How to bounce back from a redundancy

In recent times we have seen some big organisations collapse, leaving hundreds and sometimes thousands of fantastic employees simultaneously without employment security or fearing for their jobs. From Laura Ashley to Masters and of this week Careers Australia, it is fair to say, there are thousands upon thousands of Australians who have taken a confidence hit in recent times that has left some scarring and negativity, and you may be one of them.

I myself was made redundant from my dream job at age 23 when a catering company lost their stadium contract. I was crushed, and luckily I was rehired the following week by the new catering company to run their retail division. However, that 7 days was the worst of my young life. I had just purchased my first house and bought a new car on finance. I was up early every day of those 7 days, applying for jobs. It was a disheartening 7 days I will never forget, but I know I was one of the lucky ones. My experience was very short-lived.

One thing to remember (and yes it can be hard when your emotions are running rife), is that the reason for the companies collapse and consequently your unemployment is not your fault. It can be hard to get over the negative feeling when you are under time constraints to find a way to put food on the table and keep a roof over your head, but there are 4 ways you can keep yourself going while looking for the next perfect job.


Yes, I know volunteering does not pay. However, volunteering can be beneficial to your job search on many levels. It can:

1.     Keep yourself busy instead of moping at home while giving back to the community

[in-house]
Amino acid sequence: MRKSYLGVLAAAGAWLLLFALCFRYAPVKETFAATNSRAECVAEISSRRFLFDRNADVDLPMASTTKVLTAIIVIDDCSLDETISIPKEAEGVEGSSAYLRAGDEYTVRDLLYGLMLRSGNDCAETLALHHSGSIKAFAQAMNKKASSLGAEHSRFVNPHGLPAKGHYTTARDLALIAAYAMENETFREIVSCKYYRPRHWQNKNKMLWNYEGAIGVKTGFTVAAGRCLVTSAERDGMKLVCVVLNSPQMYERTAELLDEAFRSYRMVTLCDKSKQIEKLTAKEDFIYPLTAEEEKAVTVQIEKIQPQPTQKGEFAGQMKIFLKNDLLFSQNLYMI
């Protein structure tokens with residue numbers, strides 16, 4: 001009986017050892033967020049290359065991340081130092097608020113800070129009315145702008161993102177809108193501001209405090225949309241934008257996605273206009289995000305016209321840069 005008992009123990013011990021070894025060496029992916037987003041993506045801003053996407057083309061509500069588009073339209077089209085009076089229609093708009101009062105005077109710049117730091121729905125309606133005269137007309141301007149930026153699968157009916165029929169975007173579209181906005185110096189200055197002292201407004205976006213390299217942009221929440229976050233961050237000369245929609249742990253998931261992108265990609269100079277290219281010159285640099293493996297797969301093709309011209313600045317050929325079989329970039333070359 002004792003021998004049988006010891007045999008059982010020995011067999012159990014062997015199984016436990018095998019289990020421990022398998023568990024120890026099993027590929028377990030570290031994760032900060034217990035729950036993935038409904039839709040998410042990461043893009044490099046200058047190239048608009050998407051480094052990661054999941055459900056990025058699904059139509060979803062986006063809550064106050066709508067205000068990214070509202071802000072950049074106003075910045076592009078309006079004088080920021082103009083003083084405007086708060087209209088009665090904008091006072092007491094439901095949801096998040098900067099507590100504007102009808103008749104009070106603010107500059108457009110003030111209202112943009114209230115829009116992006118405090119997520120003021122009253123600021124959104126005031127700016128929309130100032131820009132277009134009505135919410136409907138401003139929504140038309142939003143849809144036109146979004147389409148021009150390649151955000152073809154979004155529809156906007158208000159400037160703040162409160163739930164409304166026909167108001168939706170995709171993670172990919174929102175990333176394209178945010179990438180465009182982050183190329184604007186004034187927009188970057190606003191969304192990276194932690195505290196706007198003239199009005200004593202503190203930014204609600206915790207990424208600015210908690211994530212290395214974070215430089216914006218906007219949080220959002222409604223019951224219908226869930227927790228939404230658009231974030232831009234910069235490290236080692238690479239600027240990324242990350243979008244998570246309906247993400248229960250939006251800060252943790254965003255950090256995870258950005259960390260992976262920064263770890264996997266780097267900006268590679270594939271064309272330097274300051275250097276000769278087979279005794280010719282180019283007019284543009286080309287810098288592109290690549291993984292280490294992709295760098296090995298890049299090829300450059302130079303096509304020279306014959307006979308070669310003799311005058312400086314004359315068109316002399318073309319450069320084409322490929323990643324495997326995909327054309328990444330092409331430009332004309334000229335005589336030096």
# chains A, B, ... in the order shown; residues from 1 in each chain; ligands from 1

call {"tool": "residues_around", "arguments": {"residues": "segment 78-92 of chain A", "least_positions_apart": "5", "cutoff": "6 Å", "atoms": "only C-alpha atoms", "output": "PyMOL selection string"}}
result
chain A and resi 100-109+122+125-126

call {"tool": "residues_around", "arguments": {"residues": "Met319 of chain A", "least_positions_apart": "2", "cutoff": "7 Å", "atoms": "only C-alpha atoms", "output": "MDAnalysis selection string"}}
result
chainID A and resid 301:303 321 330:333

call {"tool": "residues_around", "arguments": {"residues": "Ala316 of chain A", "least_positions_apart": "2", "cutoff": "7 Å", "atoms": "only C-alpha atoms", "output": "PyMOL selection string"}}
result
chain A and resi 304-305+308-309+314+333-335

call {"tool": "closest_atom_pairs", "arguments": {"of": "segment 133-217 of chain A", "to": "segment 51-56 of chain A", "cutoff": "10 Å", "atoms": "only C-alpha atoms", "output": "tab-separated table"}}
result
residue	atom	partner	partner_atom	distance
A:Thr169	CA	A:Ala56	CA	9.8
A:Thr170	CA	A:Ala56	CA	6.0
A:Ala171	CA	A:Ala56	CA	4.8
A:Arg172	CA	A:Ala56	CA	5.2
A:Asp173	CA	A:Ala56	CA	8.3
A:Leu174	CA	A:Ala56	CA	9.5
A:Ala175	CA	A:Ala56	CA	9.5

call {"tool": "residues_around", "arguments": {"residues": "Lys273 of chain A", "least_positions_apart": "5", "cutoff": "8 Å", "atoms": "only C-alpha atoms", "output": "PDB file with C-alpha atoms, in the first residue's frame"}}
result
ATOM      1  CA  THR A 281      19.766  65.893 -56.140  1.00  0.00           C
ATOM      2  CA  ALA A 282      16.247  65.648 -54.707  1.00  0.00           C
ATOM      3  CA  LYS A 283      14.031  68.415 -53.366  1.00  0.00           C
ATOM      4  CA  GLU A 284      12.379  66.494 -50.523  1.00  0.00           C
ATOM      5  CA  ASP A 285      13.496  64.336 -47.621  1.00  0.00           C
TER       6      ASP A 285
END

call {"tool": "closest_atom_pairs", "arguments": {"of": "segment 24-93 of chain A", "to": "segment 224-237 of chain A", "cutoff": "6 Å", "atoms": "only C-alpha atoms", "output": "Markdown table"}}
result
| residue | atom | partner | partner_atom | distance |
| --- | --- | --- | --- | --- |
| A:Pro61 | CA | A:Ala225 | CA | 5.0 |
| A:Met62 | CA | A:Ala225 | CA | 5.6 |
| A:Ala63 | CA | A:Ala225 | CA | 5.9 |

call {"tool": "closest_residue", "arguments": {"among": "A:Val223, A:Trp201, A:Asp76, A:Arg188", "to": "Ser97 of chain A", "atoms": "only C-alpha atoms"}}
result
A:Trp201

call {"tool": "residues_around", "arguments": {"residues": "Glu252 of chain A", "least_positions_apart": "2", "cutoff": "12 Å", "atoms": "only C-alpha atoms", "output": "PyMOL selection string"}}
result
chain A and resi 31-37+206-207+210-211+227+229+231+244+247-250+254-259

2.     Open you up to employment opportunities- You never know whose path you may cross while volunteering, with your next big break just around the corner

3.     Boost your CV – Volunteering looks great on your CV! Employers and recruiters will be pleased to see you not only are giving back to the community, but you utilised your time effectively while searching for a job (this is a great bonus)

4.     Turn into a paying gig – A permanent role may open up where you are working, and you could get offered money to stay.

Take on a contract position

Even if you want a permanent role, don’t be too precious to take a contract one while you are searching. Working a contract role can benefit you more than you realise. It can:

1.     Cover you financially while you look for a permanent role. Hiring for permanent roles rarely is a speedy affair. It may take between 4-8 weeks to advertise, interview, negotiate and offer a candidate, and by the end, you might not be offered the role. Get some money in while working a contract role through a recruiter (plus contract roles often pay a higher hourly rate than a permanent one!)

2.     Open doors with other companies- Working a contract role through a recruiter is a great way to get noticed as a valued worker. Often recruiters will try and line up another contract gig for you near the end of the contract, or even put you forward for a permanent role they are working.